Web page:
In Store Now – “The Eternal Generation of the Son” by Kevin Giles

I’m reading Kevin Giles’ new book The Eternal Generation of the Son. I’ve been eagerly waiting for this book because I’ve always held to this doctrine in spite of the encouragement of some of my favorite authors (including three of my former professors at Trinity) to abandon it. Giles sees the move to expunge the doctrine from the modern creedal formulations as a serious error. He could not be clearer when he states that removing the clause “eternally begotten of the Father” from the creeds “opens the door to the Arian error and excludes what the Nicene fathers inserted to safeguard the two absolutely essential elements in the Nicene trinitarian doctrine of God: the full divinity of the Son and his distinct personal identity as the Son of the Father.” (27) So who wants to get rid of this doctrine? I’ve assembled a chart showing who wants to eliminate the doctrine and those who advocate keeping it.

Let’s Get Rid of It

Let’s Keep It

J. Oliver Buswell


Lorraine Boettner

Walter Martin

Wayne Grudem

Bruce Ware

John S. Feinberg

Millard Erickson

Robert Reymond

Paul Helm

William Lane Craig

Mark Driscoll

Gerry Breshears

John Dahms

Samuel Miller

Roger Beckwith

Andreas Kӧstenberger

Scott Swain

Jung S. Rhee

Donald Macleod

Robert Letham

Fred Sanders

Keith E. Johnson

Kevin Giles

Giles gives credit to Korean theologian Jung S. Rhee who argues that Charles Hodge, his son A. A. Hodge and B. B. Warfield laid the ground work to abandon the doctrine as they expressed serious questions and doubts about the it. (30-31)

Why does such a distinguished list of Evangelical thinkers want to get rid of this doctrine? Giles offers a summary of objections:

1)      It has no ‘biblical warrant.’ This is their first and most important objection.

2)      It reflects Neo-Platonic thinking about God more than Christian thinking.

3)      It makes no sense.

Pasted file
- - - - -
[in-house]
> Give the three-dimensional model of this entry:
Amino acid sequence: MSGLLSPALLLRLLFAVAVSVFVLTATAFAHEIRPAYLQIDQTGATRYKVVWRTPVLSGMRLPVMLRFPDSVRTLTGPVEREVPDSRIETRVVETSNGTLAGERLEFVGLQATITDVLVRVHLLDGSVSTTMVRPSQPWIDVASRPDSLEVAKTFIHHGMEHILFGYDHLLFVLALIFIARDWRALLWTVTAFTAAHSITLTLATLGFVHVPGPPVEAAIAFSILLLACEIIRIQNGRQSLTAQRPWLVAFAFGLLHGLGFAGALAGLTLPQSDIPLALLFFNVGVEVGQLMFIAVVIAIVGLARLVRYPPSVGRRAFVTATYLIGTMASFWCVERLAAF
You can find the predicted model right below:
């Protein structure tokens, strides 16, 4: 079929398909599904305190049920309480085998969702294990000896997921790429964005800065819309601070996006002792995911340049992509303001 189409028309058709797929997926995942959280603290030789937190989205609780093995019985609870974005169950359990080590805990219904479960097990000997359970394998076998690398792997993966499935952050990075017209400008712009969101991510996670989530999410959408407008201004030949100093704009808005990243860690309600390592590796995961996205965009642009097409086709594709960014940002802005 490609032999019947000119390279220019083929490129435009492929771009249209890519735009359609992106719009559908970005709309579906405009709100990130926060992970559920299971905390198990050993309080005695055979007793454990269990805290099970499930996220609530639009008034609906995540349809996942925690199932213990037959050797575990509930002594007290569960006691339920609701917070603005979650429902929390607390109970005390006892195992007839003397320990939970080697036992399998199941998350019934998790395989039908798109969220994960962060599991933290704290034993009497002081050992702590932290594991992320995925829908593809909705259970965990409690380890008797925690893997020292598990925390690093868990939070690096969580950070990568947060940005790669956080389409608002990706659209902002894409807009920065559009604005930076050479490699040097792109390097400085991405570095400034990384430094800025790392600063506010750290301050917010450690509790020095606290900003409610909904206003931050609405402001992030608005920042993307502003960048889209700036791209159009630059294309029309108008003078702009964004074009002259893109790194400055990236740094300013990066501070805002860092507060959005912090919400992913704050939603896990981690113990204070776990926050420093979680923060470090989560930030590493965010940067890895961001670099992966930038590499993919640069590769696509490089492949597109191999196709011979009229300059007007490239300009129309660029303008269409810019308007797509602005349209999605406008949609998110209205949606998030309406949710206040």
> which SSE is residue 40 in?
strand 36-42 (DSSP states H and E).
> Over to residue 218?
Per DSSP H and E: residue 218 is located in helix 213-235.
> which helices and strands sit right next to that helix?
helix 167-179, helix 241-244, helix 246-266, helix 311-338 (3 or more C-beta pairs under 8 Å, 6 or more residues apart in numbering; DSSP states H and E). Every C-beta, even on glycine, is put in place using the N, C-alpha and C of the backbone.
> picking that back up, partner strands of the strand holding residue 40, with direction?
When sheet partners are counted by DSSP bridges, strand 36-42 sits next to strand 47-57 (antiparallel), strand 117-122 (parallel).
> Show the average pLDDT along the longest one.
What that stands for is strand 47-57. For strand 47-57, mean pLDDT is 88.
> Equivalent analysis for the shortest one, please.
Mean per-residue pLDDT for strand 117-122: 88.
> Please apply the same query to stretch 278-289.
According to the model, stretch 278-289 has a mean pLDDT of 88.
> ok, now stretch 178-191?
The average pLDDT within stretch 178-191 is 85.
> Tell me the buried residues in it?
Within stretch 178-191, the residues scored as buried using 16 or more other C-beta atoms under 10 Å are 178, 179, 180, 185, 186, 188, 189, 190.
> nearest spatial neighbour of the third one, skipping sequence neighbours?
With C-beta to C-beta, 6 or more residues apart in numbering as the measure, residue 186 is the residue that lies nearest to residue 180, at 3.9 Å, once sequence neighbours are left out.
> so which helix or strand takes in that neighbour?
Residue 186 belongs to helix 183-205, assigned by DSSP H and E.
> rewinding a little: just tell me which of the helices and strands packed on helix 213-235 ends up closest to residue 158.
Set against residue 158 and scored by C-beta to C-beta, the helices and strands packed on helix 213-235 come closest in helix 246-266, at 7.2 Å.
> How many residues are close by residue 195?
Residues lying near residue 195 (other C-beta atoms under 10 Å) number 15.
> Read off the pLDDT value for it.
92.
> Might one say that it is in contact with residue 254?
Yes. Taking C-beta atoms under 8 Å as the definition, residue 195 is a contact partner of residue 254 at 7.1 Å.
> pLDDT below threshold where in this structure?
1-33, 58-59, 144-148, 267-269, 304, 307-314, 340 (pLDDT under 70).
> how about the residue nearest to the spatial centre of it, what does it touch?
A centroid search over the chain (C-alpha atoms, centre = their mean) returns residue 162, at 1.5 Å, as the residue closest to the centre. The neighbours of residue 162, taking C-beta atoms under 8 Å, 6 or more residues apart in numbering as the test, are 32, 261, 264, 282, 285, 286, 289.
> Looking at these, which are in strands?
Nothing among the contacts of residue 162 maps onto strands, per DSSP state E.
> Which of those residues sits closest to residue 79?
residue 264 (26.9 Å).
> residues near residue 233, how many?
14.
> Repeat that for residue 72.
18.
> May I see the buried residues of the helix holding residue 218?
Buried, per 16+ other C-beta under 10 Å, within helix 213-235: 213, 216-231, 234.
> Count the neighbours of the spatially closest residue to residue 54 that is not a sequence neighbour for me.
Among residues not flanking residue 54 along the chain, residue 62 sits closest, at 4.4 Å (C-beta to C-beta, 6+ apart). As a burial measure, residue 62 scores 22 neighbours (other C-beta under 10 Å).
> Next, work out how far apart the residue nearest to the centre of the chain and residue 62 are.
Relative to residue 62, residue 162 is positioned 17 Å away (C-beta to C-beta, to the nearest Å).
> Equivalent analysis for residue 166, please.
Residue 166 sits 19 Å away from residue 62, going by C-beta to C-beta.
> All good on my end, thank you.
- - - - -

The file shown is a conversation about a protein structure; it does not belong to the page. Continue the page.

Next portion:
4)      Nothing theologically important is lost if it is abandoned.

5)      There are better ways to eternally differentiate the Father and the Son.

6)      It implies or necessarily involves the eternal subordination of the Son, even the Arian heresy. (36-37)

Giles says that while the book is not structured around these objections he “will address them all.” (37) This looks to be a very promising read.


About Louis

I am a 1997 graduate of Trinity Evangelical Divinity School.
This entry was posted in Biblical Studies, Church History, New Releases, Theology. Bookmark the permalink.

6 Responses to In Store Now – “The Eternal Generation of the Son” by Kevin Giles

  1. Kevin Giles says:

    Thank you for your encouraging words. My first email on the book was a hot blast from a complementarian, and I do not think I mention women once! Kevin Giles


    • Louis says:

      Thank you, Dr. Giles, for the comment and you are certainly welcome. I am so glad you wrote this book. It is unfortunate that some will too quickly jump to the complementarian/egalitarian debate.


  2. I’m racing (read “clicking”) my way to Amazon NOW to buy. Have awaited this as well.
    Can you expand on objection a bit more and explain why this is critical?


  3. Pingback: Reviews, Interviews, Authors and Books to Note Across the Web « Theology for the Road

  4. Charles Twombly says:

    Eager to read this book. Thanks for your positive words about eternal generation. The list of mainly evangelical theologians who would dump the concept reflects how out of touch many scholars are with the underlying understanding of its meaning one finds in the depths of Christian orthodoxy. Hope Kevin’s book restores some of that “ecclesial” mind.


  5. Sorry, Louis. I meant to say “Can you expand on objection #6 a bit more and explain why this is critical?


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